You can get a Kuro Pearl and a Kuro Diamond with all the doom trimmings. Eating one may turn you into Robert Smith, so weigh that up before chowing down.
The range consists of 30 dishes, for either 2-4 people, and should be in selected stores from the end of September.
As with any ready meal, all the meals can be cooked from frozen and features ingredients that cope the best with the frozen wastes.
“We’re well known for our ready meals, and we felt that we could do our frozen prepared foods justice in terms of quality” said someone from M&S.
“This move was part of the expansion of our food ranges and has nothing to do with other retailers, especially not Iceland,” the spokesman added cattily, honest.
Still, no-one’s buying non-food items from M&S, so they might want to have a look at those arms of the business before trying to fix things with frozen pies.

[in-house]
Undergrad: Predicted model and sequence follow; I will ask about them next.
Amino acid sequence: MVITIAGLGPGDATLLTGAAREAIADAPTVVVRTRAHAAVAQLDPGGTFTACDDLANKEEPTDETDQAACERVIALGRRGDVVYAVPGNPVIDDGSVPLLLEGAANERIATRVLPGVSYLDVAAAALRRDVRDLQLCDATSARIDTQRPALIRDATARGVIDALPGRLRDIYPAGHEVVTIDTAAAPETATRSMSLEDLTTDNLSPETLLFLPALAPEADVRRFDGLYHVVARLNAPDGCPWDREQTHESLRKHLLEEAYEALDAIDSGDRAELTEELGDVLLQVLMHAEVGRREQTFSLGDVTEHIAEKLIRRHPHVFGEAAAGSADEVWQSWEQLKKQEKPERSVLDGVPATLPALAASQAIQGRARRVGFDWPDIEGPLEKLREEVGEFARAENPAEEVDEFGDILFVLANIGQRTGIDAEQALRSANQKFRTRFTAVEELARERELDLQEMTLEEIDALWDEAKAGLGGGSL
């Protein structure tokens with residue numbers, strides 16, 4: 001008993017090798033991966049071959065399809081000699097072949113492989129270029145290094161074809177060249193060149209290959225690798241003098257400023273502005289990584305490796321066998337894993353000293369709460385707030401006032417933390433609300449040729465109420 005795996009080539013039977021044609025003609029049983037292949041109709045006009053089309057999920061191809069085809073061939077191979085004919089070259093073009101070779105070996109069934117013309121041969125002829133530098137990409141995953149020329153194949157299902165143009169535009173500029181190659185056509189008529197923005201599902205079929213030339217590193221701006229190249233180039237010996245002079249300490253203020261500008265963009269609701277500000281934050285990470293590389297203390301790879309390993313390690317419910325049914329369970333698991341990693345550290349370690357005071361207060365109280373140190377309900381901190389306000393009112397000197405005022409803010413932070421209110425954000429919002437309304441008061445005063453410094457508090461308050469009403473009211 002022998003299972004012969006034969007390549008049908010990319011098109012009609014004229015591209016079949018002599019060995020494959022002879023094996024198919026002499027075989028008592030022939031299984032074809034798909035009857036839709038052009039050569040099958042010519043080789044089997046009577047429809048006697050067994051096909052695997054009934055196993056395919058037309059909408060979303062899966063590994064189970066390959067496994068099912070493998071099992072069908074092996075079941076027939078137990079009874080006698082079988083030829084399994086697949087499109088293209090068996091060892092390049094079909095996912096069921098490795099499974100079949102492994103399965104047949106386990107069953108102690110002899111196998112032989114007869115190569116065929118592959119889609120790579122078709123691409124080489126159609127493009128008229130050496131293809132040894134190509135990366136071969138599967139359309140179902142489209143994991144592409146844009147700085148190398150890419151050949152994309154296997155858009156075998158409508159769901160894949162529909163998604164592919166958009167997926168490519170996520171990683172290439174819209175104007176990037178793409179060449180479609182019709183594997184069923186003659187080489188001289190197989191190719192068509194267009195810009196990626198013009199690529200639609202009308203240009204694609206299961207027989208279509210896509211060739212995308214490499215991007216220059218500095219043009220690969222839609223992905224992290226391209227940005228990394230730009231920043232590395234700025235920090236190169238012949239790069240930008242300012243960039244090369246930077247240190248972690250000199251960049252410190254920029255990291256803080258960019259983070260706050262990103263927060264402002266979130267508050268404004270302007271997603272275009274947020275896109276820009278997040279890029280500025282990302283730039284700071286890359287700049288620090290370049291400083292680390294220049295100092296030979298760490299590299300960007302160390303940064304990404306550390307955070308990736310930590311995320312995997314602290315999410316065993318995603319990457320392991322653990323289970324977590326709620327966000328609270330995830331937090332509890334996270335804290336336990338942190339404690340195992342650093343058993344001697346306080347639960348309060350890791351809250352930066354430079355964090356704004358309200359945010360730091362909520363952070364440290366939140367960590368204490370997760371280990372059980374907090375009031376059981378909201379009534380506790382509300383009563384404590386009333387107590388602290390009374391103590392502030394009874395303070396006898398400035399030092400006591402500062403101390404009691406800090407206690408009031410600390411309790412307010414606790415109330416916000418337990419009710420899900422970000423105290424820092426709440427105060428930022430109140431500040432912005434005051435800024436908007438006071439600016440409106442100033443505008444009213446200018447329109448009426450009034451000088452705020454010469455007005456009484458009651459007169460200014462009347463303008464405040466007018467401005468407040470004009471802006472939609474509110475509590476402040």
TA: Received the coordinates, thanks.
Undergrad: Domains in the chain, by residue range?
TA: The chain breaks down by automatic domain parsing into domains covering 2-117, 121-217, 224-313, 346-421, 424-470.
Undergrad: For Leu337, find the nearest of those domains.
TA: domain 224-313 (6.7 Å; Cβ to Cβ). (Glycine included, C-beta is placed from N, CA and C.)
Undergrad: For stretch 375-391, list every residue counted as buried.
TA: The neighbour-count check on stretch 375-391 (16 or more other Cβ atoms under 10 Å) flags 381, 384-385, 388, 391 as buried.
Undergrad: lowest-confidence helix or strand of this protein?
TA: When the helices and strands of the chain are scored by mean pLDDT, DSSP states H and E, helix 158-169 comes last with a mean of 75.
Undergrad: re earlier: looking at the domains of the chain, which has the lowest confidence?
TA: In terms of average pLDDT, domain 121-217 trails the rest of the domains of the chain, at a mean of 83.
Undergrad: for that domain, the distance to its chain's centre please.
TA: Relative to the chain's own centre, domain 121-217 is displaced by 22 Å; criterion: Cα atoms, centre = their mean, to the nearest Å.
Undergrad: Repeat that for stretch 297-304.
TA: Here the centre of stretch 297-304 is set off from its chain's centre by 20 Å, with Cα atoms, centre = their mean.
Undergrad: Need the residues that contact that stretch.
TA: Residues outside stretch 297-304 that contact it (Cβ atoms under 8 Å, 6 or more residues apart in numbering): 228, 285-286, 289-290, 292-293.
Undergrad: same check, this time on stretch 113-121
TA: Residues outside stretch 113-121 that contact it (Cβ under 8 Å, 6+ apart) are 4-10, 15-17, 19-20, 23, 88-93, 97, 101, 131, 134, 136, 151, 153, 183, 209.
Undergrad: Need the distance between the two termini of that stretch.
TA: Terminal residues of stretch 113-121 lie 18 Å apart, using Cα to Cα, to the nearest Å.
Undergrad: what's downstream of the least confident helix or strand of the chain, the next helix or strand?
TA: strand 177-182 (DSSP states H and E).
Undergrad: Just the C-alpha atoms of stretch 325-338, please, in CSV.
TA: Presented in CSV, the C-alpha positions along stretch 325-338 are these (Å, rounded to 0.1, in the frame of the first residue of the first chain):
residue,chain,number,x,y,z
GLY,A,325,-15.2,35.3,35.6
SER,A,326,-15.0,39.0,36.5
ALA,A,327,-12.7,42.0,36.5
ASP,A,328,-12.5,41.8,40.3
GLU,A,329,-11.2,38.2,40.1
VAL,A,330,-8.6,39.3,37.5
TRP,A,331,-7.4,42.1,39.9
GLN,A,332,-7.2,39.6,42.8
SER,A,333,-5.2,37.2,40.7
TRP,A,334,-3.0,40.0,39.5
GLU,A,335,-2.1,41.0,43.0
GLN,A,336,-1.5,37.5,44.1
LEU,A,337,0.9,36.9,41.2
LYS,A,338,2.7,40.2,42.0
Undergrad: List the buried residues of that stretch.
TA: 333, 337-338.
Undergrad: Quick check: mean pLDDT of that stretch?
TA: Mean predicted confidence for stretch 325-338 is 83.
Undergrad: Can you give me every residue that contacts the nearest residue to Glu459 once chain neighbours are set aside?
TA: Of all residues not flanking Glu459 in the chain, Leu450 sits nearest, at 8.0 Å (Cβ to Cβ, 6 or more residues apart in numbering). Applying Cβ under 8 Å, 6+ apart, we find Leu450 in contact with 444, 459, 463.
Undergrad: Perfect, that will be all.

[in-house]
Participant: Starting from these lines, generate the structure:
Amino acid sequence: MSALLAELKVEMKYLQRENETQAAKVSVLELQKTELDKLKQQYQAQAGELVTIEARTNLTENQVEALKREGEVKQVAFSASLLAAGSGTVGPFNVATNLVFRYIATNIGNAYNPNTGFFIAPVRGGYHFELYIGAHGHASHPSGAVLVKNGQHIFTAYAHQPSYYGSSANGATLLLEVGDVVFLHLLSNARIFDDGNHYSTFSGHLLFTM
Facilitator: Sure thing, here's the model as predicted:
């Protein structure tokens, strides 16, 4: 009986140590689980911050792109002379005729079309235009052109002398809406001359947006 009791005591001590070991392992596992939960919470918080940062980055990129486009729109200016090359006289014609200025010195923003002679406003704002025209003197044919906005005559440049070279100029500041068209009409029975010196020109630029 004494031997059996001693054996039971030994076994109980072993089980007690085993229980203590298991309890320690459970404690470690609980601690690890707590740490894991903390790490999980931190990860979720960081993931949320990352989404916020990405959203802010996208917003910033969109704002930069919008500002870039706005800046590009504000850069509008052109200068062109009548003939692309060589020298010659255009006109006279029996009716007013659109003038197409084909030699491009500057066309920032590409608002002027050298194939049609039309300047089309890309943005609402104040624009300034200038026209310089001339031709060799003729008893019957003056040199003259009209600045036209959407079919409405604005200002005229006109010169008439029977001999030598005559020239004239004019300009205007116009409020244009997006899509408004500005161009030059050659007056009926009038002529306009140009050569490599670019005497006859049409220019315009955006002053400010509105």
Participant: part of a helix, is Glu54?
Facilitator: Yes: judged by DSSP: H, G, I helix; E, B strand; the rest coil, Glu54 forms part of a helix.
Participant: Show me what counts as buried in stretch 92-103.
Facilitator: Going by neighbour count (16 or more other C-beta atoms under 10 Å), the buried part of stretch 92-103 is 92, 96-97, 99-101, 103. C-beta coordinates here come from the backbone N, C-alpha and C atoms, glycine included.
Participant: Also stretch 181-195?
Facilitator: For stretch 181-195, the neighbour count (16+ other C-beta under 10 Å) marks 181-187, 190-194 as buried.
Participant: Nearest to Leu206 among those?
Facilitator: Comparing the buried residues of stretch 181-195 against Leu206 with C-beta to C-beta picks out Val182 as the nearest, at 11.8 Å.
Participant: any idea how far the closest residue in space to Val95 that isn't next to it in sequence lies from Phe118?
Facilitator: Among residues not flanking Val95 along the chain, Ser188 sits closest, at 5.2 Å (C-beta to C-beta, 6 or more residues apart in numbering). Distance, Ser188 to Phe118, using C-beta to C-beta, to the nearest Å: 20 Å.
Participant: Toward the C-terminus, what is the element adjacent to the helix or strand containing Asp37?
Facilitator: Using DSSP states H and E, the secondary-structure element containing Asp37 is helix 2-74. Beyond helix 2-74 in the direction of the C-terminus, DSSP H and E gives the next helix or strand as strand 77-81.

Marks & Spencer have launched a new TV advertising campaign for its food.
The ‘Adventures in Imagination’ (which, if it involved the Body Talk hitmakers, would be even more amazing) slightly harks back to their soft-porny ‘Not Just Any…’ series of ads, with erotic cutting and gooey centres oozing just so.
M&S has said that the ad is to “tease the nation’s increasingly discerning taste buds” and highlights the most in-demand food trends featured in the retailer’s autumn 2014 range, such as lush looking patisserie loveliness, top quality cuts, runny Scotch eggs and showcases the Kouign-amann, a traditional Breton cake that is a cross between a croissant and a brioche.
It’s also a rare opportunity to hear that most-streamed-song-of-the-year Clean Bandit number.
The unnecessarily lengthily titled M&S executive director of marketing and international Patrick Bousquet-Chavanne said: “Over the last decade, consumers’ culinary tastes have become more adventurous and Britain’s love affair with food has really ignited.”
“Our new campaign reflects this shift and uses a different language to the price-focused supermarkets. It brings to life the hundreds of new ideas we have in our food halls every month by showcasing the sensual and surprising aspects of food – like its textures and movement – in a modern, stylish and precision format.”
‘A different language’ – nice bit of shade there.